House Republicans last night rejected the Senate’s bipartisan transportation reauthorization bill and said they would instead adopt a short-term resolution that would maintain current funding levels for 90 days. With just 10 days until the current short-term authorization plan expires, that means House Republicans have made possible a transportation shutdown that could force more than 1.9 million workers off the job.
The Senate approved MAP-21, its transportation bill, 74-22 last week. The bill “is the biggest jobs bill that Congress will consider this year,” according to its main Democratic sponsor, California Sen. Barbara Boxer. The bill is also fully paid for. A long-term House bill that was rife with problems — not least that it would have bankrupted the Highway Trust Fund — has already been defeated.
According to the Department of Transportation, MAP-21, which continues the current levels of funding plus inflation, would save 1.9 million transportation jobs that would temporarily disappear during a shutdown. The bill would also create roughly 1 million new jobs, according to Democratic estimates, bringing the total number of jobs in jeopardy to nearly 3 million, Boxer told the Washington Post:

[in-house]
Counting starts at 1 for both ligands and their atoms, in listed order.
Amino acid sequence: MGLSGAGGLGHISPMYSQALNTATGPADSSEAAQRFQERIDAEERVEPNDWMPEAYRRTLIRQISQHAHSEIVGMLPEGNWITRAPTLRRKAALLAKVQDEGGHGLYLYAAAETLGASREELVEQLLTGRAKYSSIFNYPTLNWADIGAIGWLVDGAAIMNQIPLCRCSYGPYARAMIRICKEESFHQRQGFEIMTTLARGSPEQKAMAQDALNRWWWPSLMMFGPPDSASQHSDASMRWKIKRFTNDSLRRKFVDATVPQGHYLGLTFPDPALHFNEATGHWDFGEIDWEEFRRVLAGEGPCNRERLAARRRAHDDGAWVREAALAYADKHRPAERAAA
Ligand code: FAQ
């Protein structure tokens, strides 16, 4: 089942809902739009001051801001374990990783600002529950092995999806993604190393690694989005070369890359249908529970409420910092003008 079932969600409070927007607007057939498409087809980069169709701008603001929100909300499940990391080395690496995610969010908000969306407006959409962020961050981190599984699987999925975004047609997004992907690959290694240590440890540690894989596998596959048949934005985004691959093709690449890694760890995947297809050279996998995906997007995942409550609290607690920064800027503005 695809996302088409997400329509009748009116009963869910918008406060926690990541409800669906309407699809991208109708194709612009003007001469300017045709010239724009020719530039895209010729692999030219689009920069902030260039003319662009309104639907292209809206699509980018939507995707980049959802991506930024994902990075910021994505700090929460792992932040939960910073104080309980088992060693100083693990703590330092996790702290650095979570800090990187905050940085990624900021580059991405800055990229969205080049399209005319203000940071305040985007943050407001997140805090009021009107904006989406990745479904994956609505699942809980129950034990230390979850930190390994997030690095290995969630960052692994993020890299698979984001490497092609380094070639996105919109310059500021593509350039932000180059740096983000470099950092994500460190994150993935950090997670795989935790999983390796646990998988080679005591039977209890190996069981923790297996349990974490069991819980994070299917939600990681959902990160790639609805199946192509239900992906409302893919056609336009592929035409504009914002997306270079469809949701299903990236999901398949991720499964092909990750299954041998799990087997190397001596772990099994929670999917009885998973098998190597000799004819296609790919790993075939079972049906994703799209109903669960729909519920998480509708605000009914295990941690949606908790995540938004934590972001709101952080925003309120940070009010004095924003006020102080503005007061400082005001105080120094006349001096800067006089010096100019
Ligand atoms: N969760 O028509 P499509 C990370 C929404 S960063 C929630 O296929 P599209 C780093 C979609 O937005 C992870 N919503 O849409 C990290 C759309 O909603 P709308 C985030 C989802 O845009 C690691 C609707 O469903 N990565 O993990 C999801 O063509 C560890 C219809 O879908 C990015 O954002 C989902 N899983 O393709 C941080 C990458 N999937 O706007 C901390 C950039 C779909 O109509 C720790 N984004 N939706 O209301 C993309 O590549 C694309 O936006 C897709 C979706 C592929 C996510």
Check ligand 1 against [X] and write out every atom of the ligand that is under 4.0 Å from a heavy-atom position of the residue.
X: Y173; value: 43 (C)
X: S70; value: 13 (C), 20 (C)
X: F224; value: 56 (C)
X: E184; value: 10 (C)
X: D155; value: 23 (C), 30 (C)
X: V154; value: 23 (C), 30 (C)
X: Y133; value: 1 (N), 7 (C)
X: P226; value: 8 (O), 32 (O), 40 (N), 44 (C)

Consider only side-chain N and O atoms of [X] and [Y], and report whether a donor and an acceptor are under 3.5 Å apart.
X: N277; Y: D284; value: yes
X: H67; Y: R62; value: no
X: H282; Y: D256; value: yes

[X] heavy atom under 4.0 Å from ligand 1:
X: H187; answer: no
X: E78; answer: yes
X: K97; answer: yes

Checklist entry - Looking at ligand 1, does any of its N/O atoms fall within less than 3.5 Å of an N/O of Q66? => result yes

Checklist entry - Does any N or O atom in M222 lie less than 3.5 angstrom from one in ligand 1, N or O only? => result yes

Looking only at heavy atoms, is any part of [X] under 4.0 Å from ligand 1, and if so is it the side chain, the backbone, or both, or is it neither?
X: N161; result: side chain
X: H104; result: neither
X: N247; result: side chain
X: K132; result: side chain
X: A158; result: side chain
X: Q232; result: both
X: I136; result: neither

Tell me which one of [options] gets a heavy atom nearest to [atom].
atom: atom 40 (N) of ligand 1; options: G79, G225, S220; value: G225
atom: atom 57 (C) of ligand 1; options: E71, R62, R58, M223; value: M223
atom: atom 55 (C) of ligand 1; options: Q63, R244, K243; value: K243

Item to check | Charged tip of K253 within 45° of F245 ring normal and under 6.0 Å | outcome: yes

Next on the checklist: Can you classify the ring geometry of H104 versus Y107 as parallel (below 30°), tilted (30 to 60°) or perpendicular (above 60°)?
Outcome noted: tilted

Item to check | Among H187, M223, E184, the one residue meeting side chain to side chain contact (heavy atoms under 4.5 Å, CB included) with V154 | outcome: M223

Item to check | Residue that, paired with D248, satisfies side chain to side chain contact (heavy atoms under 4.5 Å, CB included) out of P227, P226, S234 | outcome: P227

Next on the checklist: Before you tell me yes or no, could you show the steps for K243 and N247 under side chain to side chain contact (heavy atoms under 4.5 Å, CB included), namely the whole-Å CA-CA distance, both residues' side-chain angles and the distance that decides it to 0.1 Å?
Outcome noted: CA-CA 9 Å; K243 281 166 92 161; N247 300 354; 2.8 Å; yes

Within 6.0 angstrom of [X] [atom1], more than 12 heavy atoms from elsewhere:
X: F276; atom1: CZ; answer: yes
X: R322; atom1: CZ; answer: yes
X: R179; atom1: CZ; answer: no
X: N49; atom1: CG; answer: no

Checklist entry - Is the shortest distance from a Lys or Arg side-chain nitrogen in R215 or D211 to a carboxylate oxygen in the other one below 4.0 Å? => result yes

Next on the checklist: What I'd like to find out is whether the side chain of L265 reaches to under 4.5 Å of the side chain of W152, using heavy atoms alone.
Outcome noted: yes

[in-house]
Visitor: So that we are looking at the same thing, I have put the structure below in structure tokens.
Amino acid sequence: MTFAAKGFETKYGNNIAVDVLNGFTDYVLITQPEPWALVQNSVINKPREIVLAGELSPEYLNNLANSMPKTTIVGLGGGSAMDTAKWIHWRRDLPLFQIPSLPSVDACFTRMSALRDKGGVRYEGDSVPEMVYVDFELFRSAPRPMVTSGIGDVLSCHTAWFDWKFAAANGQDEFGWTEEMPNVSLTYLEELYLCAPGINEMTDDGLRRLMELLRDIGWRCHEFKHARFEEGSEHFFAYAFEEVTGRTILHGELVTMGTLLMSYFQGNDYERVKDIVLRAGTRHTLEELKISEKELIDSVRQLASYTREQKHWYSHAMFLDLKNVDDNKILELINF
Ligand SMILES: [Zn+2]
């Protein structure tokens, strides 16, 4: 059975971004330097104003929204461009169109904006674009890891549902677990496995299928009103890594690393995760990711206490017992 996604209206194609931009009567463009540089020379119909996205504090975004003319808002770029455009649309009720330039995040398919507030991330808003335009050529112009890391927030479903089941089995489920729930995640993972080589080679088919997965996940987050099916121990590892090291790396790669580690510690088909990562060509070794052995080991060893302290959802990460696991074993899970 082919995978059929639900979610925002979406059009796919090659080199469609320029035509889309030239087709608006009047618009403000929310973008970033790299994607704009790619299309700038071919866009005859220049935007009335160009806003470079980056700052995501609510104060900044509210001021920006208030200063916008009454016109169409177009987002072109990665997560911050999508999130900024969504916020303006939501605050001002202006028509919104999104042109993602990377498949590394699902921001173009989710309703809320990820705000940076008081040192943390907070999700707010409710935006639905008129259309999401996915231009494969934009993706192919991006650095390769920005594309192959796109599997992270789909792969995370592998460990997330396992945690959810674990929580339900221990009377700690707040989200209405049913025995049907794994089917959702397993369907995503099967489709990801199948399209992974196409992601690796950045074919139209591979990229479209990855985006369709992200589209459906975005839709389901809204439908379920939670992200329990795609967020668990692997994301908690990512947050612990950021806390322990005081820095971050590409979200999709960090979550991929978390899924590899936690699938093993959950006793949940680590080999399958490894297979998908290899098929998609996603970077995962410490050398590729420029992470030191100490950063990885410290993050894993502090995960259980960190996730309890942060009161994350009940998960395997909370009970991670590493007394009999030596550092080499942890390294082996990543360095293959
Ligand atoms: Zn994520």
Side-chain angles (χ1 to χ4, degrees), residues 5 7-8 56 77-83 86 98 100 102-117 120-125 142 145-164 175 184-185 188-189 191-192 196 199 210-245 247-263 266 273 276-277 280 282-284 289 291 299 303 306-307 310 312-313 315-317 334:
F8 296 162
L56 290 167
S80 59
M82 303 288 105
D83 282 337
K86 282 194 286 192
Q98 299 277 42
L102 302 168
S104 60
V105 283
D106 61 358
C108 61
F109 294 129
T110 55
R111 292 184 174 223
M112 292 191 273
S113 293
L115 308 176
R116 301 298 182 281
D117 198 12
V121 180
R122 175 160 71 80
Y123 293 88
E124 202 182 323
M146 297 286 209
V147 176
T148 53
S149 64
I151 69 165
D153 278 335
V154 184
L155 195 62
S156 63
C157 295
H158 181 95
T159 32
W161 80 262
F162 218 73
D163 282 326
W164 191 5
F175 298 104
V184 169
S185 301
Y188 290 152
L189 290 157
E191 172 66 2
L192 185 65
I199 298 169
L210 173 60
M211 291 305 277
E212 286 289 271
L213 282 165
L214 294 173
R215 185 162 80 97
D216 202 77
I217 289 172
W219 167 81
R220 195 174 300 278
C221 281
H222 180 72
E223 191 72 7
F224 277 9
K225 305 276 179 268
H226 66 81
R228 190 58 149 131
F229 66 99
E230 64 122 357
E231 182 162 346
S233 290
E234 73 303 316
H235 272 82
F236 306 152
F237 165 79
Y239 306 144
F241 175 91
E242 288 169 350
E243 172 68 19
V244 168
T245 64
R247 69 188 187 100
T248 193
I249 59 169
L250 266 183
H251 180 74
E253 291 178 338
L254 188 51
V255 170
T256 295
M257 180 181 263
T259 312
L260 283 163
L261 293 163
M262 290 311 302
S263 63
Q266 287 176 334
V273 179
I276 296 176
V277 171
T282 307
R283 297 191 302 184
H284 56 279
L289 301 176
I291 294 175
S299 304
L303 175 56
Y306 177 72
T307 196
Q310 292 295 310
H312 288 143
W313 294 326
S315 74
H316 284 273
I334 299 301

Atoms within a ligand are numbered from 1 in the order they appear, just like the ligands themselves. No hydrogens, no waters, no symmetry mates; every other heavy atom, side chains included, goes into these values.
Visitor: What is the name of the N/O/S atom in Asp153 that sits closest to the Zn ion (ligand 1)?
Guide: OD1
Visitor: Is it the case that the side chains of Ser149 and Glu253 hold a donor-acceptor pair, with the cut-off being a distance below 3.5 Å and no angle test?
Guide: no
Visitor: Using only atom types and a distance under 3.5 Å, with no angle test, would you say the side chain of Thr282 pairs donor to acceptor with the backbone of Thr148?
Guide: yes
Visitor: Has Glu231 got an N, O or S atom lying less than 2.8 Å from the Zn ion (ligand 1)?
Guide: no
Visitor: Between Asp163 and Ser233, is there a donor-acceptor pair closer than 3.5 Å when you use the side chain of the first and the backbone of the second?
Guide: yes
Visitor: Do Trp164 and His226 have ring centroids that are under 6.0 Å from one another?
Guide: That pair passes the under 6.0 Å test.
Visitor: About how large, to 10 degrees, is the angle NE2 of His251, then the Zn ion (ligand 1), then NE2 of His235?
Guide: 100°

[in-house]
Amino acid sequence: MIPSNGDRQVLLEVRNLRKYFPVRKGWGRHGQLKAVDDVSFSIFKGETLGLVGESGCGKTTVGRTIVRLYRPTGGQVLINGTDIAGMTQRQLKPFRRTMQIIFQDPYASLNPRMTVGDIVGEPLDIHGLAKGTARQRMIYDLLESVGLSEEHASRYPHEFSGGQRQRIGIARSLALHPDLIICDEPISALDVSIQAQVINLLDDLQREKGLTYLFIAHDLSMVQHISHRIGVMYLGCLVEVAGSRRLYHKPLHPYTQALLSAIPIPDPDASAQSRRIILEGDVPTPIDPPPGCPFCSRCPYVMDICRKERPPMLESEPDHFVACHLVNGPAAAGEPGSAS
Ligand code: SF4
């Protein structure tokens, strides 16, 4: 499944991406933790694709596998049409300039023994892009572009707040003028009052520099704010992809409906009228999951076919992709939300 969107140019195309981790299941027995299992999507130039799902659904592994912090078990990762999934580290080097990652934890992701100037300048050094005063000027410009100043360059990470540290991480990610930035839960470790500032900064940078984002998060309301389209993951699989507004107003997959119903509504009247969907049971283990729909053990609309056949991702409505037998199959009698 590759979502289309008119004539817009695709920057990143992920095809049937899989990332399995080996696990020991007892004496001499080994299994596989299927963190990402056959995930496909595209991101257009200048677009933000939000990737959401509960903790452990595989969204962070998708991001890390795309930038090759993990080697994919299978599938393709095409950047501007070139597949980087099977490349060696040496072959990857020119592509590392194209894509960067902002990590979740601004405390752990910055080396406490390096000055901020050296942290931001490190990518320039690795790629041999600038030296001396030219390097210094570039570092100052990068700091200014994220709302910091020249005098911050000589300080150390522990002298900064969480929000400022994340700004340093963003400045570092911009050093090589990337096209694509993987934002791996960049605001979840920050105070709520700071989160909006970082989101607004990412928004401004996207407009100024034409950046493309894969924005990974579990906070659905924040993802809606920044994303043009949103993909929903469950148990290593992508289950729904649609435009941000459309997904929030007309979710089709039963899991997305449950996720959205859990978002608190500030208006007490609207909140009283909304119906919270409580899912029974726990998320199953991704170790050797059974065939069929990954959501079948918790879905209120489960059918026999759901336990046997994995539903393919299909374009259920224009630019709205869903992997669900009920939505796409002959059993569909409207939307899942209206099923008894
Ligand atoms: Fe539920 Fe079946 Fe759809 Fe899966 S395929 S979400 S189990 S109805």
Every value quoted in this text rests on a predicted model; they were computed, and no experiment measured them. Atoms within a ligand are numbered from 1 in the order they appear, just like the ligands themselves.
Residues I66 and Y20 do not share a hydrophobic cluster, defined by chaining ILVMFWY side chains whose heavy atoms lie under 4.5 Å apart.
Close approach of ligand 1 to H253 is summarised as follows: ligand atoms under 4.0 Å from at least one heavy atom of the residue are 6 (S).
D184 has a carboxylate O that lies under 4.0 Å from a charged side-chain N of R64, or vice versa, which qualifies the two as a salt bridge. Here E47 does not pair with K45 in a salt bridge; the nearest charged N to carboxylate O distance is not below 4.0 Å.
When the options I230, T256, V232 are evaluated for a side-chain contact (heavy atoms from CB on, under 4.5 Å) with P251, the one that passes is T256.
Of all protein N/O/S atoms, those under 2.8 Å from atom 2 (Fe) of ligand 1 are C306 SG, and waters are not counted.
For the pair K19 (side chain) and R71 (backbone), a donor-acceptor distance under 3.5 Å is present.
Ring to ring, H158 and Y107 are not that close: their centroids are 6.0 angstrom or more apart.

“The clock is ticking on the shutdown of our transportation programs,” said Boxer, who was floor leader in crafting bipartisan support for the Senate bill. “We’re talking about almost 3 million jobs, and the House is playing games. This is a jobs bill — make no mistake about it.”
If Congress fails to authorize a new transportation package, it wouldn’t be the first time House Republicans have forced workers off the job. Last August, the GOP skipped town after voting on a debt package without reauthorizing the Federal Aviation Administration, forcing the agency to temporarily furlough 4,000 workers while others worked without pay.
Senate Democrats published an interactive map to show the number of jobs MAP-21 would support in each state. The bill would save or create more than 100,000 jobs in each of three states: California (177,500), Texas (120,300), and New York (113,300).